Condominiums and townhomes are just about unequivocally cheaper than single family homes. With less square footage and property, initial costs can be significantly less. If you’re wanting to put a larger percentage down payment on your home, condos and townhouses will allow you to more easily achieve this.
For similar reasons, taxes are often a bit less than for traditional houses. They can still be substantial, though, so if you’re investing in either a condo or townhouse as a second home, don’t expect property taxes to be nonexistent. Governments extract a sizable portion annually from condos, so know the local tax policies before you buy, and be sure to factor that into your financial planning.
These costs have become rather notorious among condominium owners, because they can be a surprise—and can be as much as 45% of the monthly mortgage payment in some markets. The fees associates with townhouses usually cover maintenance, hazard insurance, and sometimes sewage; condo association fees include these plus many utilities, security, and shared amenities. Though owners of houses will have to pay for hazard insurance independently (and maintain their lawns themselves), when added to the mortgage association fees can cost as much as a mortgage on a larger, single-family home.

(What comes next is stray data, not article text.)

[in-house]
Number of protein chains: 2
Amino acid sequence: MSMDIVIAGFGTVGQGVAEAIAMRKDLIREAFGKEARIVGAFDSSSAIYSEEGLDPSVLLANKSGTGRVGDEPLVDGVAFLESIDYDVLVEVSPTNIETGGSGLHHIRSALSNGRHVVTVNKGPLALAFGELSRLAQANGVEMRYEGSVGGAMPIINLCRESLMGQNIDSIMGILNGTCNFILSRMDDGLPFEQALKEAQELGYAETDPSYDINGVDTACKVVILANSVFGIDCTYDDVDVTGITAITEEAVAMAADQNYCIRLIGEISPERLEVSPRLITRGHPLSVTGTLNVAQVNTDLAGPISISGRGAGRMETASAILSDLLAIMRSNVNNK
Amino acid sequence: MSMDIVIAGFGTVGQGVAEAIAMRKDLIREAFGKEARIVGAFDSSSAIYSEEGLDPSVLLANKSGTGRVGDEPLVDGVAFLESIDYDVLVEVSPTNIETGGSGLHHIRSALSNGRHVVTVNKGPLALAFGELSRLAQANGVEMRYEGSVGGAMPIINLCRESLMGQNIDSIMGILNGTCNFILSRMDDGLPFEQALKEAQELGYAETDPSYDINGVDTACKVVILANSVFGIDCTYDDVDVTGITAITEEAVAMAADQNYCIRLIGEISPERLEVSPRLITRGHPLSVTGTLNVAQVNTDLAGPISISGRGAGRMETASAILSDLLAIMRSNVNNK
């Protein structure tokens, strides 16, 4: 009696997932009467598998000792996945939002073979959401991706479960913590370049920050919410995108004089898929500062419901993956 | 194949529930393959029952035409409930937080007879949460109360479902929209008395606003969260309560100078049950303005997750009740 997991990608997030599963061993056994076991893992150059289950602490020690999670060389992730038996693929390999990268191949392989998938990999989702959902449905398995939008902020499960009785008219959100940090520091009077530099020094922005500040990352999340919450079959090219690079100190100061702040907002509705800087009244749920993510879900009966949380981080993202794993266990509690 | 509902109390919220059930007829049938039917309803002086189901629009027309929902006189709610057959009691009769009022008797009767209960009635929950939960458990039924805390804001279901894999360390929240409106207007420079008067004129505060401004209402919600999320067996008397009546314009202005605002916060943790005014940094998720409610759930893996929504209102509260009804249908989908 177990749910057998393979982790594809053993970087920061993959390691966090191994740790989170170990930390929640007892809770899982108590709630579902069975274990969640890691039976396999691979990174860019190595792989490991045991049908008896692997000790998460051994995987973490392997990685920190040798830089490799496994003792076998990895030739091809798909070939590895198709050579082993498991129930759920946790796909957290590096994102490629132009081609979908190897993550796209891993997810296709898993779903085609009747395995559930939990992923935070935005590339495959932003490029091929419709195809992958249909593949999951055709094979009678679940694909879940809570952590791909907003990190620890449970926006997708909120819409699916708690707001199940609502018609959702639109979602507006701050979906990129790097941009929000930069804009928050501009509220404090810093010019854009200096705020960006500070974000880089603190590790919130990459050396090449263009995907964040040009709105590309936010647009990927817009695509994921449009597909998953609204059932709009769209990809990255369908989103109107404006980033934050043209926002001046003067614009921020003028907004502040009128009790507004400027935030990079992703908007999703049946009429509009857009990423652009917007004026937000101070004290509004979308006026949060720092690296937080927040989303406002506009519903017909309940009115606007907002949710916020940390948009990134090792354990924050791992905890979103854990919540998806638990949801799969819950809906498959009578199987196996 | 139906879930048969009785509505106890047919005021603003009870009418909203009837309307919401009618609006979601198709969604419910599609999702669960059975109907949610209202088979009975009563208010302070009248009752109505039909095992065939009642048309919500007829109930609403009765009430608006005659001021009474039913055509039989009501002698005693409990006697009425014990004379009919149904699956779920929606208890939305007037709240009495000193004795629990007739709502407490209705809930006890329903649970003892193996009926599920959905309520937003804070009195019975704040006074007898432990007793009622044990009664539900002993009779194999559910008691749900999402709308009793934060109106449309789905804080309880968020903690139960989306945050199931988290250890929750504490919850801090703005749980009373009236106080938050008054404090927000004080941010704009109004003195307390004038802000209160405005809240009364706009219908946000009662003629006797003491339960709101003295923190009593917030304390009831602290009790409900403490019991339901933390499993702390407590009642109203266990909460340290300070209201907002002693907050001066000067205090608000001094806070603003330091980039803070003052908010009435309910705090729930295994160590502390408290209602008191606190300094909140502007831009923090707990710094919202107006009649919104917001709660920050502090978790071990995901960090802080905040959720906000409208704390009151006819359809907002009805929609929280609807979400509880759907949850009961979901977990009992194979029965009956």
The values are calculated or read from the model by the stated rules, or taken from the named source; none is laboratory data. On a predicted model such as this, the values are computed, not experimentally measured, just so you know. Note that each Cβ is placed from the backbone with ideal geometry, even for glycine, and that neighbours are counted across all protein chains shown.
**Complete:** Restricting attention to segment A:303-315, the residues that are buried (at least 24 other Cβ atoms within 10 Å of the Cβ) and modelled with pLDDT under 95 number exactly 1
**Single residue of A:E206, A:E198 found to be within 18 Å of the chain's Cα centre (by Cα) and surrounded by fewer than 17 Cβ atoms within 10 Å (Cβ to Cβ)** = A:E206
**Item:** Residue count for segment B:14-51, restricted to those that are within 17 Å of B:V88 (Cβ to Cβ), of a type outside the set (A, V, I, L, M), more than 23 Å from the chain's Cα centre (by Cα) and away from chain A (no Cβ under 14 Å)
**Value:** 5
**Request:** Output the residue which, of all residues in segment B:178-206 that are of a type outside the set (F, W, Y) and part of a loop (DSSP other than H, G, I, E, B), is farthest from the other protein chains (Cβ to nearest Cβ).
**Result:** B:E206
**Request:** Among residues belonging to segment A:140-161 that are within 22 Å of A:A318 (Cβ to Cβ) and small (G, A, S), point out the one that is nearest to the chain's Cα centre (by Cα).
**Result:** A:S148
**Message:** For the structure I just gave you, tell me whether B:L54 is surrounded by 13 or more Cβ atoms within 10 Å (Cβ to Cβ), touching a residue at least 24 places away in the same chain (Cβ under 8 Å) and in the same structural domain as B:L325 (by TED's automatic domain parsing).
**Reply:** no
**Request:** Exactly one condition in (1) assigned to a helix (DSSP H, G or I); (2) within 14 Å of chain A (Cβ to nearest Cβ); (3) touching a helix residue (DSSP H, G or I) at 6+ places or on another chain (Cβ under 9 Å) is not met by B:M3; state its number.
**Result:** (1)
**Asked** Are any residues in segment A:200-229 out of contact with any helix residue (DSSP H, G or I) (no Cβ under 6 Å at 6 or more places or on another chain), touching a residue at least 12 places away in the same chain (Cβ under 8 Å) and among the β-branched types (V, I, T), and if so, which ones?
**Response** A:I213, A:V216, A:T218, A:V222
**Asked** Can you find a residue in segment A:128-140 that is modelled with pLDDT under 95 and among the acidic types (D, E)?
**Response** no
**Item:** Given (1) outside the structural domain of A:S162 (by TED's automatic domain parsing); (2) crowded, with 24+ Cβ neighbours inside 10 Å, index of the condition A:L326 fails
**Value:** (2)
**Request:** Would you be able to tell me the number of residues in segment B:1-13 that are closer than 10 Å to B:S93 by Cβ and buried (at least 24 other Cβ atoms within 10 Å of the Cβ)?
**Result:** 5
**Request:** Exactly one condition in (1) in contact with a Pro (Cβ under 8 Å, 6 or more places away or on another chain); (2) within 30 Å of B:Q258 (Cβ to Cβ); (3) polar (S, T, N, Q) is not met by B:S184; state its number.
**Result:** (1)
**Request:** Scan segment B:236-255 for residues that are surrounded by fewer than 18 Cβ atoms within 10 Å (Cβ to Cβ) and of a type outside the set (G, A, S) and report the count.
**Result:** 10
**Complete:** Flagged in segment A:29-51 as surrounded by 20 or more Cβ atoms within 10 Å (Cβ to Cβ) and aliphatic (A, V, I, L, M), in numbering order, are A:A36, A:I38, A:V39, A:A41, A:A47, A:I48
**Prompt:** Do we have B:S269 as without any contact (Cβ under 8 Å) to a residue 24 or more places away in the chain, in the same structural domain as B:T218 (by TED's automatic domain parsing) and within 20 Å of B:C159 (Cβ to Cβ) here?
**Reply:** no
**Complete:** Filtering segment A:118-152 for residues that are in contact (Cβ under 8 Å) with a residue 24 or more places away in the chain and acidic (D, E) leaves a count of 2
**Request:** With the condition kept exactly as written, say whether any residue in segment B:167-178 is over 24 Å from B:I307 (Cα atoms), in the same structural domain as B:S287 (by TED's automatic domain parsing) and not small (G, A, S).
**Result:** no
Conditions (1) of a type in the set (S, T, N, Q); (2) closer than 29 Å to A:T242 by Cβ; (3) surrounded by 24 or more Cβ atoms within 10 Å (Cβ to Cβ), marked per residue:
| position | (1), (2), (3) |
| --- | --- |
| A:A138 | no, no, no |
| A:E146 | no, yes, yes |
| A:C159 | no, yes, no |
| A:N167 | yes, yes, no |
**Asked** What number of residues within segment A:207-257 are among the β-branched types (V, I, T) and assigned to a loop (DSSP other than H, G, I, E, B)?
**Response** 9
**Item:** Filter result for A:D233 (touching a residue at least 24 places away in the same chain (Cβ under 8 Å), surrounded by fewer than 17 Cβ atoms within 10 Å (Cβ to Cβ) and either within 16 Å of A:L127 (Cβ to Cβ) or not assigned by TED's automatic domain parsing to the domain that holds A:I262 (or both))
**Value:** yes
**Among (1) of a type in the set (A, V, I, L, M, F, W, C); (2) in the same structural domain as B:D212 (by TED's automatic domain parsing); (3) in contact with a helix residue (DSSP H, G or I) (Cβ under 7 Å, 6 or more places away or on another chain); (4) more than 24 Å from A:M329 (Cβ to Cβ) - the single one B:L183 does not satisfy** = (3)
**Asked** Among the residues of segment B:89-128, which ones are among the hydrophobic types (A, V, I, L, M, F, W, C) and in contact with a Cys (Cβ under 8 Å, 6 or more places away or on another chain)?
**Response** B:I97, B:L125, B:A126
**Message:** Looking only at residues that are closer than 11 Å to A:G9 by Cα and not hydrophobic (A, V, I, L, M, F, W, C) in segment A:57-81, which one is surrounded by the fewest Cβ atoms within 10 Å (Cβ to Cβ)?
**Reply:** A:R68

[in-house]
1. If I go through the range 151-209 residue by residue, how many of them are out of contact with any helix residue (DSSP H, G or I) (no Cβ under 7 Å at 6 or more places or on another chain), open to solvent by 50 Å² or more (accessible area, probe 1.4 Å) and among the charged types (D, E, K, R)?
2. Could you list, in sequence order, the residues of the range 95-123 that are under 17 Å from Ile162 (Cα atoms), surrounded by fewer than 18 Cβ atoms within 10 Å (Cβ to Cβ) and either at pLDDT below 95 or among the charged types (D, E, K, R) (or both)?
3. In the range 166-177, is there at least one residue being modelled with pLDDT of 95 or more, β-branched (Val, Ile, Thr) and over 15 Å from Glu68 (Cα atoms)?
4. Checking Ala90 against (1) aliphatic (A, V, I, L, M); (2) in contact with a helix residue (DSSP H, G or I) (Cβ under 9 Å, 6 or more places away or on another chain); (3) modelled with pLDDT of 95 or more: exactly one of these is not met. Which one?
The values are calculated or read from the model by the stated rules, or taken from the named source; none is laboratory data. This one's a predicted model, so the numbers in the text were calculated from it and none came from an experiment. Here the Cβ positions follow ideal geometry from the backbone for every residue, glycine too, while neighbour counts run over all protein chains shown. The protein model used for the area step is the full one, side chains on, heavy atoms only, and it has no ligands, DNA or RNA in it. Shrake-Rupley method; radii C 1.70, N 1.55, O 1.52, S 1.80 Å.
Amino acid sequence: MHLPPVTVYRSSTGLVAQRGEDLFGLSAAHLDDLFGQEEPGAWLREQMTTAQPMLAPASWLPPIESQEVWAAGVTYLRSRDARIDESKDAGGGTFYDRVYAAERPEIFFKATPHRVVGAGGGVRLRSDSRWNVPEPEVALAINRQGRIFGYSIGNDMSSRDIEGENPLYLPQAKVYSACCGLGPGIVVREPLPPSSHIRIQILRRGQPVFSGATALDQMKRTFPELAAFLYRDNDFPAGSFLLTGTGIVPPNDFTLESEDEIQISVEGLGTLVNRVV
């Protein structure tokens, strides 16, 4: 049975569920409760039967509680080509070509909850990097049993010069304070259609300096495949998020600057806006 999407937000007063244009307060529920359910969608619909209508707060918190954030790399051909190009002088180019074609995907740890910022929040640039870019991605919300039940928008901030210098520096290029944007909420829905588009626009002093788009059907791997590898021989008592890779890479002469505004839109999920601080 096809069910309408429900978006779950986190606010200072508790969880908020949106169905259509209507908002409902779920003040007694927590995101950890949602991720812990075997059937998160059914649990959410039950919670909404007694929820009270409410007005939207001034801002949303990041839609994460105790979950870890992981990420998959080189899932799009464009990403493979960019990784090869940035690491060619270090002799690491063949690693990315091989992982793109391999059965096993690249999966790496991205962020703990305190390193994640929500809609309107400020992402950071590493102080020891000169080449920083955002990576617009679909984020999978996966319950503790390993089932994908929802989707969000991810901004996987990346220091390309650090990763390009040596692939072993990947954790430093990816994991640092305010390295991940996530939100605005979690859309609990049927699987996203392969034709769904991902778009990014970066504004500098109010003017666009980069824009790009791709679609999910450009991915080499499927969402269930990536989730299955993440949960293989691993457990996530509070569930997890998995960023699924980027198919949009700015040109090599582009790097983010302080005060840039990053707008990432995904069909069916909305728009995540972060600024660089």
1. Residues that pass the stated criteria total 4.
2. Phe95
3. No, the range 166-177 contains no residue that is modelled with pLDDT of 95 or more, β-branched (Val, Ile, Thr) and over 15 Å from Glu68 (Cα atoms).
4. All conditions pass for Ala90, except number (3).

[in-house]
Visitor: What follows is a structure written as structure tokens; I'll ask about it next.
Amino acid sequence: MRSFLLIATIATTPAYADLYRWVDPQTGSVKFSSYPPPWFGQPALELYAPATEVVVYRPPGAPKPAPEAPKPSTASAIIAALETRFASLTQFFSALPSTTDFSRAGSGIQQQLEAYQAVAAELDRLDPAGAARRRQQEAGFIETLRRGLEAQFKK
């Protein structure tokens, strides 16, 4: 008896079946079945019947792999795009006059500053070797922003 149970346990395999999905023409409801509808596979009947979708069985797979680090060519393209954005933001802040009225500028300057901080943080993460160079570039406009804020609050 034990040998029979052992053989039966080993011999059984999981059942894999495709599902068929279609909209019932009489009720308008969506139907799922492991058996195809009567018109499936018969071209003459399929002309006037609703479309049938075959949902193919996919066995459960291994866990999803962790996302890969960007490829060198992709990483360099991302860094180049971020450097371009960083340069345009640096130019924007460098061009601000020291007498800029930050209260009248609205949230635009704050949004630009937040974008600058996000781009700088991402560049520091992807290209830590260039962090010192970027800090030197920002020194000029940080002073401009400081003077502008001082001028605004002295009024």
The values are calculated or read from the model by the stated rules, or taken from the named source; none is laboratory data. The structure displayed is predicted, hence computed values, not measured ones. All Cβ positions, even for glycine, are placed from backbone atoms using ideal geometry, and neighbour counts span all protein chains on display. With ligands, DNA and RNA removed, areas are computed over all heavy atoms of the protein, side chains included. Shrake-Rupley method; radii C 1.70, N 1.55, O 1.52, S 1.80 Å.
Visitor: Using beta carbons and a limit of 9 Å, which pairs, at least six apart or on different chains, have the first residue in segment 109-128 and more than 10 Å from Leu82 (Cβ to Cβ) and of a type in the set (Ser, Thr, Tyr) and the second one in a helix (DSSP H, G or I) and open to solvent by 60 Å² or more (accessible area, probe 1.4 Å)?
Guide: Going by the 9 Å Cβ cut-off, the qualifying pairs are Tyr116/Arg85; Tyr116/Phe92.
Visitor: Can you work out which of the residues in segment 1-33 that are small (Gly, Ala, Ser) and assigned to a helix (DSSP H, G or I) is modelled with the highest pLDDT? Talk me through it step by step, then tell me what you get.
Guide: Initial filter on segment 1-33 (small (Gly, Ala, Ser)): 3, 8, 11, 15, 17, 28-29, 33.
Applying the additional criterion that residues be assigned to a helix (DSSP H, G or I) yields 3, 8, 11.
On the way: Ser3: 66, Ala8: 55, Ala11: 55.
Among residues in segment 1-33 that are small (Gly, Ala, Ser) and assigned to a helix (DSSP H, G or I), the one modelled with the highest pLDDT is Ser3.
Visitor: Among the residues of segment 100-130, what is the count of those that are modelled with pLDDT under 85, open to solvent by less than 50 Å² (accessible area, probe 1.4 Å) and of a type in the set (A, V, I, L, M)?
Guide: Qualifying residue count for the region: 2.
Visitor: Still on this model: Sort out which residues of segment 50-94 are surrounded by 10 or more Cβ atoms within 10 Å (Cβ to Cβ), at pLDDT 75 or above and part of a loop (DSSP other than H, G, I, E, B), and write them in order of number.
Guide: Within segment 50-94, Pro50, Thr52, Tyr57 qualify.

Like with anything in real estate, the appreciation of condos and townhomes depends on their location and market. Neither are as appealing as single family homes to young couples, wanting to start a family, but they’re attractive investments to singles. If you’re in a city that attracts young people, you’ll likely have an easy time selling your condo when you’re ready to, but always do your research to ensure it’s a wise long term investment.
If you’re interested in purchasing, refinancing, or learning more about mortgage rates, simply fill out our Fast Response form. Our experienced mortgage professionals would love to sit down and discuss your needs. We look forward to hearing from you!